A car accident can be jarring and frightening. It the aftermath, you may be dealing with injuries and shock. But speaking to involved parties, police, insurance companies, and more after an accident can be of crucial importance to you. It can help you or harm you. As a result, it’s important to know what not to do.
- Fail to report the accident to police
If no one was injured, and you don’t have to call 911, you may think no officials need to be involved. In fact, a police report is highly important. It’s used as evidence by insurance companies in determining fault. It can also be used in a trial, should there be one.
- Admit guilt, blame, or wrongdoing
Unfortunately, it’s all too common for people to blurt out statements like “I didn’t see her coming,” “I’m so sorry,” or even “how could I have been so stupid?” after an accident. Statements of this type can be overhead or even recorded on a cell phone. If they are, and an injured party takes you to court, that party can attempt to use these statements as evidence of guilt.
Don’t make any statements like this to police, other people at the scene, your medical personnel, or the insurance company.
- Fail to obtain information from other drivers
You need to get contact and insurance from any other driver(s). You also need to provide your own. If you leave in a no-fault state, your insurance may pay, but it’s still important to have full information.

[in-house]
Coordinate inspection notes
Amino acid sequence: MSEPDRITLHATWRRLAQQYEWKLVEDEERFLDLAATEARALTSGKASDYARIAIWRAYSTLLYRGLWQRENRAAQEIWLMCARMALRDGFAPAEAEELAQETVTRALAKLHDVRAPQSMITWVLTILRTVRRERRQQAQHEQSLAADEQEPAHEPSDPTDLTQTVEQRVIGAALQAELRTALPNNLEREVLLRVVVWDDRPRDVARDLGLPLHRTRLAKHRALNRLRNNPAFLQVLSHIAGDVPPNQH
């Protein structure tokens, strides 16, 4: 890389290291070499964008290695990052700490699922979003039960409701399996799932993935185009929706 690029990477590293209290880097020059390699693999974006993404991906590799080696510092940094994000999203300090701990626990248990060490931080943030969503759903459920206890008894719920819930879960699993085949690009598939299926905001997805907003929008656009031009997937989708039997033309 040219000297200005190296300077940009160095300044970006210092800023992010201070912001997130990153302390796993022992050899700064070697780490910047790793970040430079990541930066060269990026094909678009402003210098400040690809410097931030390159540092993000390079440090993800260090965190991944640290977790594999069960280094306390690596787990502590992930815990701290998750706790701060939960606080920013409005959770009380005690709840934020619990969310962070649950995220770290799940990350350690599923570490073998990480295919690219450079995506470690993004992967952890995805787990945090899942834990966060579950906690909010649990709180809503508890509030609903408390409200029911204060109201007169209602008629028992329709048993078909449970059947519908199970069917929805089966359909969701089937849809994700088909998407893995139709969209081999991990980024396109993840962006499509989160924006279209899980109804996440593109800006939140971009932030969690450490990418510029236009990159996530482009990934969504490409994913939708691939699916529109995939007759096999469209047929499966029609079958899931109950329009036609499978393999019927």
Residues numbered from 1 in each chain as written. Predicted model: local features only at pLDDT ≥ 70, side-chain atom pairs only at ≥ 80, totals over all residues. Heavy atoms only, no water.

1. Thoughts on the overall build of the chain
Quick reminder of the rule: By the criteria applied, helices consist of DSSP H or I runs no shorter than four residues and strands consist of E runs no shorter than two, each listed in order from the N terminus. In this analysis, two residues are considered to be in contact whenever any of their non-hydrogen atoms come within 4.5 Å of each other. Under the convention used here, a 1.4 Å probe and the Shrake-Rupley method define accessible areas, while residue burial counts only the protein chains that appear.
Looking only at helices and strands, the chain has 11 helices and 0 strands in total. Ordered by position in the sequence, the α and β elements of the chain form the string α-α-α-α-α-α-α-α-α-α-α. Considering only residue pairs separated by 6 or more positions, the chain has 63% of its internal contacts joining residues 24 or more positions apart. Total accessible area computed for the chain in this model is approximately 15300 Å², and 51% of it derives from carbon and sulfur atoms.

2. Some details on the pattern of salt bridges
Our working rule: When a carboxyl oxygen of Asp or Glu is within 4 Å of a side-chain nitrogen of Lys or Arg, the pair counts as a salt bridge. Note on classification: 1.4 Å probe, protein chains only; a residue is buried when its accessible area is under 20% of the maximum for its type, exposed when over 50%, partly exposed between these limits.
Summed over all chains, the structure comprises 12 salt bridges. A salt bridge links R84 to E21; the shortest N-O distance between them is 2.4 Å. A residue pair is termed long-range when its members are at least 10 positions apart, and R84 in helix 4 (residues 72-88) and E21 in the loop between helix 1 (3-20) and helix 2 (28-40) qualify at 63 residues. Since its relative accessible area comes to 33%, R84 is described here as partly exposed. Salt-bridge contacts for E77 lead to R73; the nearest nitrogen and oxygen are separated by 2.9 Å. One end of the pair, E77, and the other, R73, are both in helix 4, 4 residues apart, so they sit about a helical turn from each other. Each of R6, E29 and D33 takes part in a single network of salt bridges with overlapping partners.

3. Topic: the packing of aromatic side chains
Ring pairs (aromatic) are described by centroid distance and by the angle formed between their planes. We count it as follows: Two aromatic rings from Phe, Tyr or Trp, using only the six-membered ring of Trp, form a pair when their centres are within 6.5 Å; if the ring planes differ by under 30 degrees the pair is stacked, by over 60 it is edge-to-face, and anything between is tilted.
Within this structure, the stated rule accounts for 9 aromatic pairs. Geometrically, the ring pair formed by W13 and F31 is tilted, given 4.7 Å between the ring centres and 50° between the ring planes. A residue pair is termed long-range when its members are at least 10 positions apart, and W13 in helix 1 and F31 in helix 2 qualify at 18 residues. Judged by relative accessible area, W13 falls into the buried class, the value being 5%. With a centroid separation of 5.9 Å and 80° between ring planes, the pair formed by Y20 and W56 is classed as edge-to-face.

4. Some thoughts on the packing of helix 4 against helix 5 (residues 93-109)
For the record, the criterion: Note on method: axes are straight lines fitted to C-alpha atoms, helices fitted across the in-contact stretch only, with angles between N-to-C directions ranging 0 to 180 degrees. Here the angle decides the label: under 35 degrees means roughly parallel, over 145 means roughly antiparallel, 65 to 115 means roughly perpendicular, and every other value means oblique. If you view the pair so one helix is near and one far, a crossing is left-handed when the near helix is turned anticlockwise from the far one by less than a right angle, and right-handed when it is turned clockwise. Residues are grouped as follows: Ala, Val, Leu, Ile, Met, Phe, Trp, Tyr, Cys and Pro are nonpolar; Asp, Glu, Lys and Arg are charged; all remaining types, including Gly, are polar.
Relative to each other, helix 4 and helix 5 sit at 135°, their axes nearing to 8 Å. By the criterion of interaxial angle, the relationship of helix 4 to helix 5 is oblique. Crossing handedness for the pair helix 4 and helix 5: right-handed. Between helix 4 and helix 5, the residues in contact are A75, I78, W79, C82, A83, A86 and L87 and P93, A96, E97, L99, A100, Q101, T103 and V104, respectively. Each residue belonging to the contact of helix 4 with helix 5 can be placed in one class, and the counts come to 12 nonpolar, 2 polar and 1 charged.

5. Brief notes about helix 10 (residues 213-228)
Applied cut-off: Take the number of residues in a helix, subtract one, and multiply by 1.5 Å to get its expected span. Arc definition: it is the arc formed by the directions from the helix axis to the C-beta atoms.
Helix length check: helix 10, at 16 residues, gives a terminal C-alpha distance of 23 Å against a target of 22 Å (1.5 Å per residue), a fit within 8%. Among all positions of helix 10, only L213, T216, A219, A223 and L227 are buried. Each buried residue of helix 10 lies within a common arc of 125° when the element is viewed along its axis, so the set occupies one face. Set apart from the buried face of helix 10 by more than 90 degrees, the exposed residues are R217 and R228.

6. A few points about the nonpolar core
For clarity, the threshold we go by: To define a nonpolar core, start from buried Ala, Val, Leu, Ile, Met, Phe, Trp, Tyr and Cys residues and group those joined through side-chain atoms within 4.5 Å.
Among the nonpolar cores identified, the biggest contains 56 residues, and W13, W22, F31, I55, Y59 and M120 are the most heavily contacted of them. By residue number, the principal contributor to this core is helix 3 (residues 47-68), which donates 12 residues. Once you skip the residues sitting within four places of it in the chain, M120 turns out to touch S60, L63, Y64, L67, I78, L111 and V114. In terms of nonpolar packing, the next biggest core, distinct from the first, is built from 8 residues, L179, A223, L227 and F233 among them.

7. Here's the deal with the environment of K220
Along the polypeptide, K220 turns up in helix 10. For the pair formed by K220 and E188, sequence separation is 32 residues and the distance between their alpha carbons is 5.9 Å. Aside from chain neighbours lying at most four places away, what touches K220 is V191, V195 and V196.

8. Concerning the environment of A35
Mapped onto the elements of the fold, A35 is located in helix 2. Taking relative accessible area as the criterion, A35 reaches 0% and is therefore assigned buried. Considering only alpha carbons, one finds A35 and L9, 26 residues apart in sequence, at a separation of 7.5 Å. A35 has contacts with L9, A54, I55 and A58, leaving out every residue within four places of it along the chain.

- Fail to report the accident to your insurance company
You need to call your insurance company as soon as possible (after the police and a doctor’s visit). Give them full information on what happened and the other party’s information.
- Take any settlement
If you are injured in an accident, the insurance company of the at-fault party (the one whose actions caused the accident) may pressure you to take a settlement. In certain situations, the negligent party themselves may offer you a monetary settlement.
Accepting money for damages initially is not a good idea. It can take months for injuries to manifest and accident causes to be fully known. Consult with a lawyer before discussing any settlement.
If you are given a check, don’t deposit it. That could be viewed as forfeiting rights to a larger settlement.
- Leave the scene
Never, never leave the scene until after a police report has been filed. Leaving a scene is against the law in some states and local jurisdictions. If you leave quickly, it can be construed as a hit and run. Also, you want the evidence of a police report, and you need to contribute your testimony to that report.
- Neglect a medical check-up
If you aren’t injured, it may seem logical not to get a medical check-up. But people who’ve been in a car accident should always be checked out by a medical professional. Even if you don’t see lacerations or bruises, you could be injured. Traumatic brain injury doesn’t necessarily manifest in obvious ways. Neither do soft tissue, nerve, or other injuries.
The best bet is either going to an emergency room or your regular doctor. This needs to occur as soon as possible after the accident; don’t delay.